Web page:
When did UX become an entitlement?

Users are the worst.

Don’t get me wrong, I love UX; I’ve been a UX designer for over ten years.


Today’s users have technology at their fingertips, which, twenty years ago, was unthinkable, even in our accelerating era of technology. They can buy houses, bank, book holidays, date online, inform the planet about what they ate every evening, and watch Avatar, all on a handheld device.

And yet they still complain! I’ve been in meetings where the sole discussion was that “the users don’t like to click” or “the users don’t like to scroll.”

UX has turned into a religion, and the user is declared holy.

Even we UX designers have become high priests. I was working on a project for a publishing firm. A project owner for a publication wanted to add some functionality to his online product. He had been a product owner of that product for five years. He regularly met his users at conferences and through feedback sessions and workgroups. He had a razor-thin budget. He had it all planned out, but corporate said he had to go through the new UX process. So we stopped his planning, did “research,” charged his budget $10,000,- and after a month’s delay, told him that what he wanted to do was probably a good idea. He was not happy.

Take MidJourney, the AI imagining software. At the time of writing, they have the user interface from hell. You have to use Discord, then use esoteric prompts with a steep learning curve. It’s a terrible UX, but the user finds his way because the value is at the end. Of course, maybe more people would use it if the UX was better, but if they had spent their resources on the UX and less on the end product, would that still be true? And would they keep coming back?

I’ve been in User Acceptance Testing, where users are asked about some insignificant UI element, and their knee-jerk, uninformed reaction is taken as gospel. Twenty professional designers, product managers, and developers have created an amazing product, but some bozo off the street doesn’t like the color blue, so it’s back to the drawing board.

So you know what, Mr. User? Put the kids to bed, feed the dog, turn off Game of Thrones, finish the pizza, and concentrate on what you are doing. Show respect for the technology.

You don’t like clicking? So you don’t want to lift your index finger up and down more than once to find your future partner?

Scroll? Do you hate moving that heavy mouse 3/4 of an inch to the right to discover your dream house?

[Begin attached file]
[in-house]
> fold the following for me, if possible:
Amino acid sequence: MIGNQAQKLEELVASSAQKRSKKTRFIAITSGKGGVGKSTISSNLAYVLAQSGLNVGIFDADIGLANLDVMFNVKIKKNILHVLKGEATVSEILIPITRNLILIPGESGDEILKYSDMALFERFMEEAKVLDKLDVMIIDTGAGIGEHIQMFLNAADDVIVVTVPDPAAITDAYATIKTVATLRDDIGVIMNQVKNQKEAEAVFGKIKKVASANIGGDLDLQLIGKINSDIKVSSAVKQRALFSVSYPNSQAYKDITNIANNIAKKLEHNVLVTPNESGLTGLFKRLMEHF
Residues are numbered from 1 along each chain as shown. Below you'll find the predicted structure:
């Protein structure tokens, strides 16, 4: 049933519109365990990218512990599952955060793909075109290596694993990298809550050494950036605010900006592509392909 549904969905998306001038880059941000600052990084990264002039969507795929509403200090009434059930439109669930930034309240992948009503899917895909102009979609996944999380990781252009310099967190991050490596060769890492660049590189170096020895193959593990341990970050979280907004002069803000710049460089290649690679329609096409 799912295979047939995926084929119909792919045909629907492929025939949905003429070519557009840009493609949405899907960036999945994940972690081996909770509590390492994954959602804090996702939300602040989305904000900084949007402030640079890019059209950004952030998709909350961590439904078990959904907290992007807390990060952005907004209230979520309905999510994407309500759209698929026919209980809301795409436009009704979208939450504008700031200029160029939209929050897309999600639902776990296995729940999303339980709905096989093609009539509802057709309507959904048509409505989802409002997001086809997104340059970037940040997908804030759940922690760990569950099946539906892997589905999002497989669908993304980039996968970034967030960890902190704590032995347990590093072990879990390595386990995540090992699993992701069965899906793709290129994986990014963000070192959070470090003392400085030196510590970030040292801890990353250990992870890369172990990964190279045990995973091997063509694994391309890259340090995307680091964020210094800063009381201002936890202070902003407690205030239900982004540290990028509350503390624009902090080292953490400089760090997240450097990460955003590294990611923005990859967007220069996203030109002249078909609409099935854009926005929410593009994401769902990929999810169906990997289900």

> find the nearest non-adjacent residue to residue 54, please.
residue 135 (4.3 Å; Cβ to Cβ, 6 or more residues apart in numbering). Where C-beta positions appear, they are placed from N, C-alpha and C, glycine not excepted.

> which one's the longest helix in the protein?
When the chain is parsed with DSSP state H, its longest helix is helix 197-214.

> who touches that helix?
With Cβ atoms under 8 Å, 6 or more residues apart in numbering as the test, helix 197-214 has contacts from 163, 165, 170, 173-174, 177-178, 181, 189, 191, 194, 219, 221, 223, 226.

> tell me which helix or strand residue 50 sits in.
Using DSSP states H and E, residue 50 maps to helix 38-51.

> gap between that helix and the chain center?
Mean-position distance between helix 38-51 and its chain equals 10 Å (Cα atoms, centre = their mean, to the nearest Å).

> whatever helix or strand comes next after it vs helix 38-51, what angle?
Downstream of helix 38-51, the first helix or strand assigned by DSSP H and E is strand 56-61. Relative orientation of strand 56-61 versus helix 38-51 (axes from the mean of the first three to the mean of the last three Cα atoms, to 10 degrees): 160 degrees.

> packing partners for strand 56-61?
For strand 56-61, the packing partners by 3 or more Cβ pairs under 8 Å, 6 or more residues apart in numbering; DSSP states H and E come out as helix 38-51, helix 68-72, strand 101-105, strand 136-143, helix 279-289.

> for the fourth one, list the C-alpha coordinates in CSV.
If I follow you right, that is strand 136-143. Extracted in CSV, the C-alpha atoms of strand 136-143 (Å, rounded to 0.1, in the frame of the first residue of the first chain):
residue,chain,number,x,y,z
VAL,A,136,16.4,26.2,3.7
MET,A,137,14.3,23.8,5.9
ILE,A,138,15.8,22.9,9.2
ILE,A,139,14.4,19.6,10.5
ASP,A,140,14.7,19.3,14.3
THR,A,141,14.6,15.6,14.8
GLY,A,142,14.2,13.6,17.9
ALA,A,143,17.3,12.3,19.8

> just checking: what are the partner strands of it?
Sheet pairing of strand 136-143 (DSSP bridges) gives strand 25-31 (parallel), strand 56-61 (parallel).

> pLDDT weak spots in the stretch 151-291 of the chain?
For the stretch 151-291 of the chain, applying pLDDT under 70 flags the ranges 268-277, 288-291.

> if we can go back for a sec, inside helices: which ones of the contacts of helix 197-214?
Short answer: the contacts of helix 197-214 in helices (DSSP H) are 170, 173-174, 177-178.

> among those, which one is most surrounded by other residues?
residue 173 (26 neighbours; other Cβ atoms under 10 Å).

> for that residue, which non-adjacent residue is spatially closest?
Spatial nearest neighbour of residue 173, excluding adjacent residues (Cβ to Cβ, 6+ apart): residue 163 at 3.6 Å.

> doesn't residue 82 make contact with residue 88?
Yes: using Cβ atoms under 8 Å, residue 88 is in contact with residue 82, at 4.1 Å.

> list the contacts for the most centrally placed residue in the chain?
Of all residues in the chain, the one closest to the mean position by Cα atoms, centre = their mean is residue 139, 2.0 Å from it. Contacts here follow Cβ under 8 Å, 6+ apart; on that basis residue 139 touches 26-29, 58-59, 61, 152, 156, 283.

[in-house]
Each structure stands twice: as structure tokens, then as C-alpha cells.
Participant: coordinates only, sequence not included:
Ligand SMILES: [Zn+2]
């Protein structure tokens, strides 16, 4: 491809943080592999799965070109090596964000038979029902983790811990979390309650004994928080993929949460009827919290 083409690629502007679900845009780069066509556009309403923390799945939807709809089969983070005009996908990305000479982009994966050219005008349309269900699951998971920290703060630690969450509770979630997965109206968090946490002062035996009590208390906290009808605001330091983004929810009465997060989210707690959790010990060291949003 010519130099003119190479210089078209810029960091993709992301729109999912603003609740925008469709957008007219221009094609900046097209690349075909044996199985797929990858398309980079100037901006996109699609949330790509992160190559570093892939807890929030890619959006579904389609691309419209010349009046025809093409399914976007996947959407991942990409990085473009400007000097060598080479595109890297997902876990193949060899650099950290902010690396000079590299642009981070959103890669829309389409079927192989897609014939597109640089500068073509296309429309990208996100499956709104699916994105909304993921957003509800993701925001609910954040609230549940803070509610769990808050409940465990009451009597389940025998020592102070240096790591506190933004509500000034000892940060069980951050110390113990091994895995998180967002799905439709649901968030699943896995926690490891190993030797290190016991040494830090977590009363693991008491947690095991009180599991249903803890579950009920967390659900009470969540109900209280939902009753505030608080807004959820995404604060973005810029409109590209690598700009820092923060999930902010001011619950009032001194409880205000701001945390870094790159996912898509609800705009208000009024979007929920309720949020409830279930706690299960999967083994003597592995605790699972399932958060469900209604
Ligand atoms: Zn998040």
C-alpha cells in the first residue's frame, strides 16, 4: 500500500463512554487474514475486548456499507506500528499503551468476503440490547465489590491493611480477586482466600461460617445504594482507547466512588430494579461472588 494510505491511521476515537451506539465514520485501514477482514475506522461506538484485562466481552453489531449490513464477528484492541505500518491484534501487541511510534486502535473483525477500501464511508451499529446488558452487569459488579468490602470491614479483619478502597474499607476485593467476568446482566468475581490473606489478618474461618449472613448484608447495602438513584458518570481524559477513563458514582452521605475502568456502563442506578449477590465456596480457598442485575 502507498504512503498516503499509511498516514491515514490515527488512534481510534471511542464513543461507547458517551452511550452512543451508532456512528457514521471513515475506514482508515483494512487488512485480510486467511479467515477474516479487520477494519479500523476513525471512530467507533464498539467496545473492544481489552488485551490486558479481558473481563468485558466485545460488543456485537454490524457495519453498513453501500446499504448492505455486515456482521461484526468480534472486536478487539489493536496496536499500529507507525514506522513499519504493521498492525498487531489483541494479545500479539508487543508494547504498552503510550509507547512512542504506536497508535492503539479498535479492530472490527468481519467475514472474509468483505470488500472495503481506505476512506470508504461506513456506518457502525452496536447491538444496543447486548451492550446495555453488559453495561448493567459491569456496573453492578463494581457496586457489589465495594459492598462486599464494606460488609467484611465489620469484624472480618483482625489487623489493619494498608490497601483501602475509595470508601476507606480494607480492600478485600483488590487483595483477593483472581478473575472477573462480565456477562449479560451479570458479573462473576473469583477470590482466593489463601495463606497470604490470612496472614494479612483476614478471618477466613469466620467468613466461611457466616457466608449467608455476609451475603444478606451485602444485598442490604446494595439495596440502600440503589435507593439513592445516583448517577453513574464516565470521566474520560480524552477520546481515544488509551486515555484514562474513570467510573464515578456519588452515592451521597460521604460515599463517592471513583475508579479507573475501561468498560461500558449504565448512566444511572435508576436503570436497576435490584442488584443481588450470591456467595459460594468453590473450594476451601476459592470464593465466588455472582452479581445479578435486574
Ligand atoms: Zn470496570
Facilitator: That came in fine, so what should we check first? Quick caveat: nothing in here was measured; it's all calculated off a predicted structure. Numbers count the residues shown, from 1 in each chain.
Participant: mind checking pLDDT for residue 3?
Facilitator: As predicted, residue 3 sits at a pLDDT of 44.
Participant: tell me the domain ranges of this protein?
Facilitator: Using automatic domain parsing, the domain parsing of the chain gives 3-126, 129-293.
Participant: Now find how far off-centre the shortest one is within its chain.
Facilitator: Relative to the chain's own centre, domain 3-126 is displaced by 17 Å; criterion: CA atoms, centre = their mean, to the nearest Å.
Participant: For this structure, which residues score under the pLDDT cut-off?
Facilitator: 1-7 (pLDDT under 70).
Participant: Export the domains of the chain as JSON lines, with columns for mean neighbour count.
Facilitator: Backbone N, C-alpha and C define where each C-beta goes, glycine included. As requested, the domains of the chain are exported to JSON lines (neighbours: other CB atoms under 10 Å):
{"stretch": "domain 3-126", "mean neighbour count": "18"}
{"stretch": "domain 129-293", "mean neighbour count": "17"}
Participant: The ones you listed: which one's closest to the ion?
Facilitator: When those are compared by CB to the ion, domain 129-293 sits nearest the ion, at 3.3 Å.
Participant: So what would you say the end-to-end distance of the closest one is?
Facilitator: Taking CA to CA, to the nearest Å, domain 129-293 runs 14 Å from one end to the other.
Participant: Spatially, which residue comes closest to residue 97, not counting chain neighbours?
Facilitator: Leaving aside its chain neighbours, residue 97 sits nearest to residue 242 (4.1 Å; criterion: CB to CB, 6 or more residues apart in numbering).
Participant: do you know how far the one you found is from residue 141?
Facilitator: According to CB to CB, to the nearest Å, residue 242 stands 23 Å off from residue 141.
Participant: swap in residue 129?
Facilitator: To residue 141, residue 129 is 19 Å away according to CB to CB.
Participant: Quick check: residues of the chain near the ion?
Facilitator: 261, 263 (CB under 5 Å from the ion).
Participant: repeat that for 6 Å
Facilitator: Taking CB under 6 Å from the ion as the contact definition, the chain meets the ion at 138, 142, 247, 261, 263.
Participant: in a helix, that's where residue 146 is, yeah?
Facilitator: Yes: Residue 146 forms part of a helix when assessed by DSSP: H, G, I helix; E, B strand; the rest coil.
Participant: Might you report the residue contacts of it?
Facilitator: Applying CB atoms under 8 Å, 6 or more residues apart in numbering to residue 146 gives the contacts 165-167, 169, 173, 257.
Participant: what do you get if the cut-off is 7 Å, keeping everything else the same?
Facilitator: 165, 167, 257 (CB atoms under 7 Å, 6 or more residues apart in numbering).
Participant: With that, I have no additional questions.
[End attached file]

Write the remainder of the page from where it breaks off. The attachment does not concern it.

Sir, step away from the technology; you don’t deserve it.

I showed a colleague the first site I designed and developed (I didn’t know it then, but I was user testing). She didn’t understand it and couldn’t complete any tasks. I, of course, wrote her off as not being the sharpest pencil. But then the following user and the following user struggled. Until finally defeated, I went back to the drawing board. It was a terrible UX.

But that was then, and this is now. We are much better at UX and understand the pitfalls and the best practices. And the user is more mature, experienced, and tech-savvy.

So, let’s stop pampering. Let’s make demands. If you, as a user, want to operate a fantastic site — an excellent digital product — you have to put on your big boy pants and put in the work. Set your personal preferences so we can tailor the experience better for you. It’s good for you. But you don’t, because you have to click a few times. Or even scroll.

Quick side note: Pampering comes from the island Pampers, which is close to the port of Amsterdam, where sailors coming back from the Far East would be quarantined before docking. Local services and prostitutes would “pamper” the waiting sailors in exchange for money and probably a tropical disease.

Are we designing where the user doesn’t have to think, but in doing that, we think too much for them?

The role of the UX designer is to be the dumbest in the room. He needs to evangelize for the user who is elsewhere, doesn’t know or care about the product, and is distracted (looking at you, Game of Thrones).

But do we need to sell the user short on excellent functionality because of this? When Google developed Sheets, the online spreadsheet program, they included Pivot Tables and Auto Save. Pivot Tables was removed because nobody was using it (yet). Auto Save was replaced with a Save button that did nothing as Auto Save was running in the background; the user just wanted to click something to feel it was being saved (yes, ironic.)

Put the User back into the experience. Are we spending time and money making click-free digital products as if clicks were some sort of gluten? Instead, couldn’t that talent, time, energy, and money be invested in something that challenges the user? Is UX forcing us into mediocrity?

How can we designers innovate without alienating users? How can designers lead users towards more complex and rewarding digital experiences without falling into the trap of oversimplification?

I think the users are ready.